Like Chu, Lin Manuel Miranda has also struggled with honest portrayal. His groundbreaking hit, Hamilton, may have been a smash for Broadway; however, there were (and still are) a substantial amount of (Black) people who question the musical’s intention. The plot wholly dismissed enslaved Africans at a time when American slavery was the plot. One of the most prominent critics of Hamilton was Toni Morrison. The literary genius held so much contempt for Miranda’s exploitation of the vilest, most heinous era in American history. So much so that she was a significant donor of Ishmael Reed’s, The Haunting of Lin-Manuel Miranda. The Haunting was a short-run stage play that imagined Miranda confronted by the slave-owning leaders he romanticized and the enslaved Africans he forgot. Even though critics panned the production, it gave a voice to the descendants of enslaved Africans who were against “the new” Hamilton.

Miranda would eventually provide a detailed apology on his Twitter page, acknowledging the impact that colorism had on his production. To his credit, his apology was direct and without excuse. It was as good as the one he provided for failure to support the Black Lives Matter movement and the apology he gave for glorifying American slavery with Hamilton (see where I’m going with this?).

Miranda’s efforts may be in the right direction. However, many Latinos are unwilling to follow. Almost immediately after hitting send on his apology tweet, stans filled the comment section…

Rita, Por Favor

The Puerto Rican actor, whose career spans over seven decades, has portrayed Latina and Italian characters. However, it was her big break in the 1961 classic, West Side Story, in which she did something she was no fan of: make her complexion darker by wearing makeup much more browner than her fair complexion. Morena would later reveal how she felt it was unfair having to present a phenotype that wasn’t naturally hers. Ironically, sixty years later, Moreno would be unable to identify with those not being represented for the very complexion in demand during her heyday. To her credit, Moreno released an apology statement of her own the day after the interview, expressing regret over her original sentiment.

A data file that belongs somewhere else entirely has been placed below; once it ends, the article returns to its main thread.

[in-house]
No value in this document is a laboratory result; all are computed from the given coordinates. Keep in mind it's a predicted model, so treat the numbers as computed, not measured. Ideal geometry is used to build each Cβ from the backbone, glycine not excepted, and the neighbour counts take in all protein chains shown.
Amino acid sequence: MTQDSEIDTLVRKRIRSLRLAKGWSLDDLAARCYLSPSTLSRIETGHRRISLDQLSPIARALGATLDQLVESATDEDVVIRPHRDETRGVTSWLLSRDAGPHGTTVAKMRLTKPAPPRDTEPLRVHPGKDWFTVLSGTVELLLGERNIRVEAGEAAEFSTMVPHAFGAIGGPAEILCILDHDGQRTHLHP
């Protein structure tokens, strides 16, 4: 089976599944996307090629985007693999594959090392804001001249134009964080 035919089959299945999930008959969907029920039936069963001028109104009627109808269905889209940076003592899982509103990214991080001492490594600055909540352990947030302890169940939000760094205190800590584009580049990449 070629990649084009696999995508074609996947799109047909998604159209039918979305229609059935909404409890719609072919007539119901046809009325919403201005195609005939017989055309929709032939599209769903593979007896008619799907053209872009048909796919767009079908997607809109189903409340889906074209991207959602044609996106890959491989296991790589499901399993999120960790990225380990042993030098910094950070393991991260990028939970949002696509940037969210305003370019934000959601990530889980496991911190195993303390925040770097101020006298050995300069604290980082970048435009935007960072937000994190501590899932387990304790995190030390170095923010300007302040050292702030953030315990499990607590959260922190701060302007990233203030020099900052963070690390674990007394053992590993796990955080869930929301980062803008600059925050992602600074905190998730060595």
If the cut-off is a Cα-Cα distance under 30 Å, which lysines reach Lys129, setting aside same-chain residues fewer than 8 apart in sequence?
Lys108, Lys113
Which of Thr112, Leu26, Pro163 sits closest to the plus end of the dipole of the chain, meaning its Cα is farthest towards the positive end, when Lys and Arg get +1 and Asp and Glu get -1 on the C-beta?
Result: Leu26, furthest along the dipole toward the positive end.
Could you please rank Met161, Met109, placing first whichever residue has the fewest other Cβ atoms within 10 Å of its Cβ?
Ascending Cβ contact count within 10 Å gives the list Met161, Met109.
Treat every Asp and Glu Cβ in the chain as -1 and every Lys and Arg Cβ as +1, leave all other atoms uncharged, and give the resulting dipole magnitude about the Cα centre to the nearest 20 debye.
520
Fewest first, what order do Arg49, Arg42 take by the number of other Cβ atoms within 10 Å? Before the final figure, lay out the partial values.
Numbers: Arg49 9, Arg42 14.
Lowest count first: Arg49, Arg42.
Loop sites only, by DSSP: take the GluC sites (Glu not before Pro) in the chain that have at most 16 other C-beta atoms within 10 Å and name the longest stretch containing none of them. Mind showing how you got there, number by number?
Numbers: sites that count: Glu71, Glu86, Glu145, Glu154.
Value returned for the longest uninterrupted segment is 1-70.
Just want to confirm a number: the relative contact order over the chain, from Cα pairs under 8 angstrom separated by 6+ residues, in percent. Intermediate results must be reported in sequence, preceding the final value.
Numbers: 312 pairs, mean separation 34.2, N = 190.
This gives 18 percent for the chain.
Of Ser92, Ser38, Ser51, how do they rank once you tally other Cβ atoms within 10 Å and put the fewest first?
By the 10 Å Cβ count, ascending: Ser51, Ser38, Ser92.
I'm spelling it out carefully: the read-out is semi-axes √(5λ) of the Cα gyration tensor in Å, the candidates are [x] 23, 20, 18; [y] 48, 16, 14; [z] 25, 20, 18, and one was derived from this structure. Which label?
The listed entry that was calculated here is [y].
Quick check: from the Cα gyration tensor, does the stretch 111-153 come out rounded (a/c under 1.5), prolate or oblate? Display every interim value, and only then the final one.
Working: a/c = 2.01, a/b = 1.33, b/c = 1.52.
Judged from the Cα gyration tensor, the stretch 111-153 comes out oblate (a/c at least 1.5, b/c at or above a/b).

There’s nothing simple about inclusion when it comes to colorism and Afro Latinos within the diaspora. Society and entertainment have reduced the margins of acceptance to a place where dark-skinned folks just don’t fit. While I’m no hater of Lin Manuel Miranda, I’m no fan either. I won’t be watching In the Heights anytime soon, but if I do, I’ll brace myself for the reality that I won’t be watching the Heights I know and love.

Tamela J. Gordon is a New York raised, Miami revitalized writer and spiritual self-care advocate, currently based in Little Havana. Follow her on Facebook, Instagram, and Twitter and join her Patreon community for access to original written content which focuses on pop culture, intersectionality, race, and mad bullshit.

Writer. Feminist. Advocate for people living with HIV/AIDS.